The Real Estate Investing Authority™

How To Decide When To Raise The Rent As A Landlord.

Should I Raise My Tenants Rent?

 

The decision to raise a tenant’s rent is one that must be considered carefully. All too often we see homeowners decide recklessly to jack up a tenant’s rent without putting much thought into. See, for you, as the homeowner, it’s very easy to say I want $100 more per month, however, for the tenant, the feeling is quite the opposite. What we see with rent raises are that often times tenants will move out, stop paying altogether (and go through an eviction), submit a slew of maintenance requests out of frustration, and even bad mouth you to the other tenants. Now any of those aforementioned items will cost money, and typically, a lot of it. So, you need to consider what the potential outcomes would cost versus the amount you are deciding to raise the tenant’s rent to. Let’s look at it in a simple example.

 

Cost Of Eviction Or Turnover

 

So let’s say that you decide to raise your tenant’s rent $100 starting next month. That’s a yearly increase of $1200 in revenue for you. However, let’s also say that once the tenant receives their rent raise notice they stop paying rent altogether out of frustration as they don’t believe their apartment is worth that much (this happens often!). So, now you are not collecting rent, and you have to hire an attorney to process an eviction. The average cost of an eviction nationwide is about $1000. After the eviction occurs the tenant then gets another month to move out and another month of you not collecting any money! From there, you now have a turnover on your hands. The average turnover includes painting, flooring, debris removal, and cleaning. The price is usually in the thousands. So, to recap here you can see that the potential to collection $1200 more a year turned out to cost thousands. To learn more about turnover costs visit Homewyse and punch in your zip code for location specific pricing.

 

 

Now, I don’t want you to think that this situation happens all the time, because in some instances the tenant will in fact stay at the apartment, but now, they are ticked off and may submit a slew of maintenance requests. Maintenance is important to ensure your property is safe and sound, but it can also get out of hand very quickly; especially if plumbers and electricians have to get involved. So, once again that $1200 yearly revenue increase can quickly get washed away with just a couple work orders.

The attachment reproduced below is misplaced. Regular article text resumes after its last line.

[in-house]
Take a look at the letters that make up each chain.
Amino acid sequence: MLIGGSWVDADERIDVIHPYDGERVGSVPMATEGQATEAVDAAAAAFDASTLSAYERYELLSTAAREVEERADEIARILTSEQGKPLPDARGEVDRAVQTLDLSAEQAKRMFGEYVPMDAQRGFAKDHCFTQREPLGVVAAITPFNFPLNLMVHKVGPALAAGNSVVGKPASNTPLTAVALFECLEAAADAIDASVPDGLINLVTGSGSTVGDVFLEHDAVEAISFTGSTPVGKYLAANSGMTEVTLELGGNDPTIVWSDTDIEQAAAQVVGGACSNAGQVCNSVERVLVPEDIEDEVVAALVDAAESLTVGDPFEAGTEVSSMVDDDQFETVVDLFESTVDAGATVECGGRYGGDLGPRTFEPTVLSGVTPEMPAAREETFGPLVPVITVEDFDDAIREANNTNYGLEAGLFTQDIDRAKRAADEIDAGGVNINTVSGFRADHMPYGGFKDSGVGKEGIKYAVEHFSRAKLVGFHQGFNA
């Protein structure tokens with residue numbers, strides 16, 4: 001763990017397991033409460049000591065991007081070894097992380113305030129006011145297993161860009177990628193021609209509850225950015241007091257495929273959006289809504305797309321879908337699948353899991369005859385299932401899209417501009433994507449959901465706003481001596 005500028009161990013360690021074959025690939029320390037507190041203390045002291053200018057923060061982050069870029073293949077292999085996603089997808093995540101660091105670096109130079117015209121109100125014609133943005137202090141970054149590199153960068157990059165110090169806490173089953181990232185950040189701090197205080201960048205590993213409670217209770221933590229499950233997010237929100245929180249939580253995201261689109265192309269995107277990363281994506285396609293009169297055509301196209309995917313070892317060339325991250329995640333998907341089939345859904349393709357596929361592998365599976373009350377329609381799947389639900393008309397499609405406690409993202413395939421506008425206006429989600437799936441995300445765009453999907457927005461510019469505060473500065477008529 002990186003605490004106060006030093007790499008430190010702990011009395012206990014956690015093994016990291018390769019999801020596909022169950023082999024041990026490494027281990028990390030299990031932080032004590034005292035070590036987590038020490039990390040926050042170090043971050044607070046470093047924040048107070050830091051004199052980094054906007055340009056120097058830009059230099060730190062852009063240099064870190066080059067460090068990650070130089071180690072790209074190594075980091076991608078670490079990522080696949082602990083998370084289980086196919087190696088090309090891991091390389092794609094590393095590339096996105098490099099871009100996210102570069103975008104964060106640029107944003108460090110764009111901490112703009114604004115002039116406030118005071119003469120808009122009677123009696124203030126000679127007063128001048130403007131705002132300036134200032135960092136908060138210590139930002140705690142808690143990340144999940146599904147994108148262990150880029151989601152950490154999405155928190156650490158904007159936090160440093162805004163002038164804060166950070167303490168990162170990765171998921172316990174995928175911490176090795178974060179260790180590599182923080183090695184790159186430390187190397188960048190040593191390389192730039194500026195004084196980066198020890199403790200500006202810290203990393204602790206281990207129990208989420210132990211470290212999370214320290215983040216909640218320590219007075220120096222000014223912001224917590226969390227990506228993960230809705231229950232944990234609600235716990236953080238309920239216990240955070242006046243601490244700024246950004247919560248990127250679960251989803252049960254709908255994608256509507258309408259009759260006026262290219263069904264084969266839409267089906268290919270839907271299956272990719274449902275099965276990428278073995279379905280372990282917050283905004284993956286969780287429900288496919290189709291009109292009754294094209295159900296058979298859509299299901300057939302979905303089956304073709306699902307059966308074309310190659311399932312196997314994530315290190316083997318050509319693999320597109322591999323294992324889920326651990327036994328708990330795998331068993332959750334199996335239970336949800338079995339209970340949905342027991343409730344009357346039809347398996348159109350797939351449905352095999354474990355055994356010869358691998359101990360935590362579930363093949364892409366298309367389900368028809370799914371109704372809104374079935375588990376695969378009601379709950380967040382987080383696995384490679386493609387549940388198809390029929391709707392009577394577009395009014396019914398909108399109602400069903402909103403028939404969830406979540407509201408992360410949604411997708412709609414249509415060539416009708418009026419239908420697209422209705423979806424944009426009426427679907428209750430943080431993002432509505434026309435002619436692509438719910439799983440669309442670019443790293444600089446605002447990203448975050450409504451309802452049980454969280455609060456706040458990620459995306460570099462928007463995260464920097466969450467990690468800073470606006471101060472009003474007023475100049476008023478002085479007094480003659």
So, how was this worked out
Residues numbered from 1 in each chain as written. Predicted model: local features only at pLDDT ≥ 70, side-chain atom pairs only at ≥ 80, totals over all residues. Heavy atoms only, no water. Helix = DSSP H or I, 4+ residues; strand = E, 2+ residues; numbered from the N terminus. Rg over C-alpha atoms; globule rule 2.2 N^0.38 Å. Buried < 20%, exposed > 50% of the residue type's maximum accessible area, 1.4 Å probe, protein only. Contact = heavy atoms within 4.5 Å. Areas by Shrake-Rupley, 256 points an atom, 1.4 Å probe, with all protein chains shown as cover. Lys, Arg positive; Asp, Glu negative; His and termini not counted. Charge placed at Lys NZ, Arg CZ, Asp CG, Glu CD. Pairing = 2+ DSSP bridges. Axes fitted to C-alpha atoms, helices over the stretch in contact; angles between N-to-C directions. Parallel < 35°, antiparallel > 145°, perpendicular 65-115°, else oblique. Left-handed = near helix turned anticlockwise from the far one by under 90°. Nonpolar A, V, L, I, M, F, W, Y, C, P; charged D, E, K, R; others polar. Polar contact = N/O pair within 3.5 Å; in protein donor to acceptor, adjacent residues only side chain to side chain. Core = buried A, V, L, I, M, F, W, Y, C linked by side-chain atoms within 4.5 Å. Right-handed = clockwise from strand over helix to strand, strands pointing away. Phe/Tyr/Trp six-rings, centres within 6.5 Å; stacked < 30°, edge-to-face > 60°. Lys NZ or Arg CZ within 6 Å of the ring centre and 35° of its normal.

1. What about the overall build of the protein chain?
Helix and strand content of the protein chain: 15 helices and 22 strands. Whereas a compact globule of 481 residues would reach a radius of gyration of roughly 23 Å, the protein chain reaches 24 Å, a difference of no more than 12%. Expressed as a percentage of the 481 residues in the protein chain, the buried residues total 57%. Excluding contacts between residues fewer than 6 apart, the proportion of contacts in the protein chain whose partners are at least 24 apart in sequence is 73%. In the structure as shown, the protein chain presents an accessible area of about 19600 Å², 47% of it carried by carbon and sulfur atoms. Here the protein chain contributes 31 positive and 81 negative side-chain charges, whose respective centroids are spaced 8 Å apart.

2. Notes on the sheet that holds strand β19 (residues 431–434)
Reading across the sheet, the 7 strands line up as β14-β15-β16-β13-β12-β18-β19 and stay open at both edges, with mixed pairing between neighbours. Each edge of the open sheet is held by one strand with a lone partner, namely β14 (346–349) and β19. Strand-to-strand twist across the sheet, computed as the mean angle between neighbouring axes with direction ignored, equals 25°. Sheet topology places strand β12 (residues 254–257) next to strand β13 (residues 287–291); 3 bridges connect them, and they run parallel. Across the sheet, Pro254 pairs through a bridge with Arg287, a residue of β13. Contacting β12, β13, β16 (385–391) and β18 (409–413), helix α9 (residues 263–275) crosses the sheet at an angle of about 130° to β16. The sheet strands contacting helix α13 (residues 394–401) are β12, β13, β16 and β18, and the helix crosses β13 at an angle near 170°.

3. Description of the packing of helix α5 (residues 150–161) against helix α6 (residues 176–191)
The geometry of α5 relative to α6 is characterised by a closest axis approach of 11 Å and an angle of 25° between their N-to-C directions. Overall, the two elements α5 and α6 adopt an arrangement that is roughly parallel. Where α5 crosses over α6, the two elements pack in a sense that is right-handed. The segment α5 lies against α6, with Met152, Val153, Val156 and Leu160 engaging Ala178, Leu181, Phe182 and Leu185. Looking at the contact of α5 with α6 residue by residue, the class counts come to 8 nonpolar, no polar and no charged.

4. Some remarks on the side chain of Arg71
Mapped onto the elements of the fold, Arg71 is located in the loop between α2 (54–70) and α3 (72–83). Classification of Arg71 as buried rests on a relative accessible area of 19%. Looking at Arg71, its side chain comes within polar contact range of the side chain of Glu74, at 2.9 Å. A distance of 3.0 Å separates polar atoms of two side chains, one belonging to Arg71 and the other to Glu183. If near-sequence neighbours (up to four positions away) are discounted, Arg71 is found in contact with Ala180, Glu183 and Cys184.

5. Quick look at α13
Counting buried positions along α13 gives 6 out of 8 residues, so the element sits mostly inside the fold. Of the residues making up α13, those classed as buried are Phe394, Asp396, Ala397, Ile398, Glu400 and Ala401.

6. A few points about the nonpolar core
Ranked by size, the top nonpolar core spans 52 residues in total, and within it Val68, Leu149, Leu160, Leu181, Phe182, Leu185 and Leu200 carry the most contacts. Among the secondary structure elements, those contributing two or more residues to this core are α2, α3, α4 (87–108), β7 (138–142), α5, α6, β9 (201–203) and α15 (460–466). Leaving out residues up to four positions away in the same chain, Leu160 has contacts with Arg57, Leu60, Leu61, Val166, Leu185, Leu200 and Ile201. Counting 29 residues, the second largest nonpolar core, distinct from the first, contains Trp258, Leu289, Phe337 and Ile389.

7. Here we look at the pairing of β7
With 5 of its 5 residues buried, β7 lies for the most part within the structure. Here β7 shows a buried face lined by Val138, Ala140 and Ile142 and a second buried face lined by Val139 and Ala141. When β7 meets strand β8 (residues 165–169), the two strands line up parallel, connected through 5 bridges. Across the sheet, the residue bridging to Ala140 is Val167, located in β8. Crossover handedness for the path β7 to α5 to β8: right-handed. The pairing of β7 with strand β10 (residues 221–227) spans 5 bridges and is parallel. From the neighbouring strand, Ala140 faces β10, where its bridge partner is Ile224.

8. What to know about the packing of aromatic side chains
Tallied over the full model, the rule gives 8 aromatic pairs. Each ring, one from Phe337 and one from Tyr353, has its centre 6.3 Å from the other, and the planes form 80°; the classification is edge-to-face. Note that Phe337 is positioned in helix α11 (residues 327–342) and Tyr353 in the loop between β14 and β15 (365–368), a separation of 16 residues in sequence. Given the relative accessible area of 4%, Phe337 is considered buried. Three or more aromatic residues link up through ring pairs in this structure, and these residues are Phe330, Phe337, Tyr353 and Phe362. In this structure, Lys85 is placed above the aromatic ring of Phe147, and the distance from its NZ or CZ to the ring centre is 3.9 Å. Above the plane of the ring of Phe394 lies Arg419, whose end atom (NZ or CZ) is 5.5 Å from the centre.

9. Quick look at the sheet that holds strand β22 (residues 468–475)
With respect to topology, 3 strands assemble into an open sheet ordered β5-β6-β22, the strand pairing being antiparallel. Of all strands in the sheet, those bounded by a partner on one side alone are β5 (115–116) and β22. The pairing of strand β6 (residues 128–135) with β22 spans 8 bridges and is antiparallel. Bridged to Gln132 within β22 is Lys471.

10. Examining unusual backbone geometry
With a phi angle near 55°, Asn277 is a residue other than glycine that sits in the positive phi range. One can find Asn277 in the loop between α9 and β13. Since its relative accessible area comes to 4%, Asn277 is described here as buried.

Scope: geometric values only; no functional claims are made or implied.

Incentive For Tenants To Move. 

 

You also must consider the fact that tenants do talk to other tenants in the building. So, you can count on them all to know who’s rent got raised to what. This can invoke fear in the other tenants as they think they might be next on your list. This has also caused tenants to move out. Once again, because they are in fear of the unknown on what may happen to their situation. In addition, unhappy tenants will let other tenants know about their frustration. So, imagine you just placed new tenants in your building, and the tenants you rose rent on just told them how bad and shady of a landlord you are! That’s not good for business, and likely will decrease the duration of their tenancy!

 

Long Term Tenancy Is The Goal, Without Giving Up Value Vs Alternatives. 

 

The bottom line on this topic are that rent raises sound warm and fuzzy to you as the homeowner, but they come with a great deal of potential negative outcomes. It’s imperative that you consider all of these outcomes when making your decision whether to raise rent or not. One important thing to note here is that there are some situations where properties are purchased and the existing rents are just way too low. For example, here in Rhode Island we purchased a 4 family building and the existing tenants were paying just $600 for a one bed apartment with utilities included. The market calls for that unit to be worth about $1000/month. So, what we did is split the difference in good faith. The tenant received a rent raise notice stating $800 will be their new monthly rent as to align closer to current market conditions. We have found that this type of phrasing is most effective because it removes you as the property owner out of the equation and simply informs the tenant of what the market is calling for based upon the amenities offered. Finally, on that example, we only had to provide the tenant a full month’s notice for this rent raise, however, in good faith we gave the tenant a 2 month notice. This is another tip of good advice that you can implement to further soften the potential blow!

 

To learn more about how to raise your tenants rent in Rhode Island please visit the landlord tenant handbook.

 

We would love to hear your feedback on this topic, and also, talk about any stories you encountered raising your tenant’s rent!

 

 

Gregory Rice is the Vice President of franchise sales for Nexus Property Management™.  

Nexus Property Management™ is a National Property Management Franchise that manages all types of rental property from single family homes or condos to large apartment buildings and complexes.

 

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